Laura Schairer, spokesperson for Arizona Opera, said coming out of the recession has presented opportunities for arts groups to be more innovative in programming, which is at the core of any successful audience development. She’s the founder of Audience Magnets, an arts marketing firm.

“Audiences, particularly younger patrons, want to see innovative productions, interesting stories and pieces they can relate to,” she said. “I’m seeing many smaller groups doing incredibly innovative things, from aerial dance performances and vampire productions to theater in unusual places like public transportation. Creativity – but without huge funding.”

Creative collaborations

Many groups are collaborating with other organizations in and outside of the arts community. This offers the benefits of cross-marketing artistic presentations, thus reaching new audiences, while sharing limited resources. It also allows for organizations to work with the business community as partners, not just as a funding source.

Rob Elias, VP of marketing for Pima Federal Credit Union, said the company made a commitment to get more involved in community giving five years ago, and it has become a part of the company’s shared values.

“Whether it be dance, music, writing or theater, those who are introduced to the arts at a young age can learn to step out of their comfort zone and develop new points of view,” he said. “These behaviors are important because they can create openness to others’ perspectives, which is vital in business and in life. If our support can provide more opportunity for others to develop these types of qualities, we believe we’ve helped move Tucson forward.”

Roberto Bedoya, executive director for TPAC, said the arts council is working with the private sector in several areas. “Most recently we collaborated with Tucson Metro Chamber on the First Impressions project by facilitating selection of art works for the landscaping of the medians lining the entrance to the airport. We are also partnering with the business community to develop Arts Leaders as Cultural Innovators, an 18-month program of seminars, coaching and practicums to develop adaptive leadership to business challenges in the arts.”

Jed Kee, executive director for Ballet Tucson, said he sees more partnerships among arts organizations and between the arts and the private sector. “That means arts organizations will have to provide some ‘value added’ to private organizations to garner their support,” he said. “We need to find ways to begin this dialogue.”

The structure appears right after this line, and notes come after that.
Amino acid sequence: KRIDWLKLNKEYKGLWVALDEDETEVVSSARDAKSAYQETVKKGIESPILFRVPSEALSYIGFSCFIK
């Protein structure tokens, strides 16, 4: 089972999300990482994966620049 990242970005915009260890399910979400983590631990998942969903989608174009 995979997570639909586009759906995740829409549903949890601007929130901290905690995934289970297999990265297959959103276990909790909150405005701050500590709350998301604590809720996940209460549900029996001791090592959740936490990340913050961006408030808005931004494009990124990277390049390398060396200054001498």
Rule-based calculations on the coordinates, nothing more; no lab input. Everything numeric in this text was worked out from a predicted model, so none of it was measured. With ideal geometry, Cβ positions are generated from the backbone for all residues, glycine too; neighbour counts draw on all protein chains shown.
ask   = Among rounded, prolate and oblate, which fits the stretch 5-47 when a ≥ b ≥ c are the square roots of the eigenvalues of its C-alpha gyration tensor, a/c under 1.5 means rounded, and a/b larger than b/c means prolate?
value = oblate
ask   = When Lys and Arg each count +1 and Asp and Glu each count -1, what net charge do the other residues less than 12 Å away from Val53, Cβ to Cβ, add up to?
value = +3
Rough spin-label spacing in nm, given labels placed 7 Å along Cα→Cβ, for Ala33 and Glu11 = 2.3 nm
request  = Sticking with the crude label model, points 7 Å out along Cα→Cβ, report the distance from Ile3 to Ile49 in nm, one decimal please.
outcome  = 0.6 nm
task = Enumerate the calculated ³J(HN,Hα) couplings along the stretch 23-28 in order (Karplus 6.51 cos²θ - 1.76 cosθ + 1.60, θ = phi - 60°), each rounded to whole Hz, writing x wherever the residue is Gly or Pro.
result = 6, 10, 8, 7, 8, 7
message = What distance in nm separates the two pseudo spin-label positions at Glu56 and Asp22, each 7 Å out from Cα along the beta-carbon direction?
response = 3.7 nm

In 2014 ATC embarked upon a successful $1 million “friend-raising” campaign that was essential to “keeping ATC alive,” Lehrman said. Going forward the theater company will implement strategies designed to build a greater earned-revenue base. “There is no question that we need ticket sales to drive our future self-sufficiency. Becoming more entrepreneurial is the necessity of all arts organizations.”

Arts and economic development

Most of Tucson’s arts groups enjoy some level of support from the business community. Yet many of the larger corporations in the region have “funding policies with a narrow focus that prohibit them from supporting the arts,” said Randi Dorman, past board president of MOCA. “It truly holds the community back.”

Dorman added that there is a great amount of individual giving. However, “there is so much social need that arts’ giving is often seen as less important. Another challenge is that for many patrons, Tucson is their second home and they often support the arts where their primary residence is located.”

Dillenburg agrees. “I understand our competition is not just other entertainment options in Tucson – our competition is with all of the other cities where people here are coming from. We have to look as deep and as solid and as excellent as anything they are experiencing there.”

Mike Kasser, president of Holualoa Companies in Tucson, was a key driver of the ATC’s campaign and supports the arts in Tucson on several levels. He said he considers his company’s support an investment in economic development.

“The less people support the arts, the greater it affects the ability for economic development to occur,” he said. Building successful arts organizations in the community gives Arizona caché and makes the region attractive to companies considering locating here. “The arts are important to the fabric of our community.”

Joe Snell, president and CEO of Tucson Regional Economic Opportunities, agrees. “Under the umbrella of our Economic Blueprint and in the spirit of building community beyond jobs, we encourage the entire region to offer excellent arts, cultural, outdoor and other amenities and experiences to support a vision that Tucson is a great place to work, live and play.

“The primary goal of TREO is to facilitate job and investment growth in the region. By increasing the number of primary employers and the jobs they create, we are increasing the amount of ‘new wealth’ coming into the region, leading to a larger economic base. As a result this leads to a growing demand for many amenities – including the arts.”

Economic development isn’t the only motivator for corporate giving. Jorgen Hansen, owner of Copenhagen Imports in Tucson, has supported local arts organizations over the years. “It just creates a more desirable community to live in,” he said. “Tucson is very, very lucky to have the quality of arts groups that we do. It’s the community’s responsibility to help keep them thriving.”

Lisa Lovallo, head of Cox Communications in Southern Arizona, said the company supports the arts because it is good for economic development and it helps build a stronger community. “For every $1 invested in the arts, our community experiences $7 of value. That is a very positive return,” she said.

“We know that a thriving, healthy, vibrant and prosperous community must be a place where people feel connected to each other and where they have a sense of place. Museums, festivals, cultural events, performing arts, music, concerts, public art and human expression of all kinds engage our friends and neighbors and bring people together. As a business that depends on the local economy, we see the arts as a partner in making Southern Arizona successful.”

Kasser added, “A successful business should give a certain amount to charitable organizations. There should always be a place in the continuum for the arts.”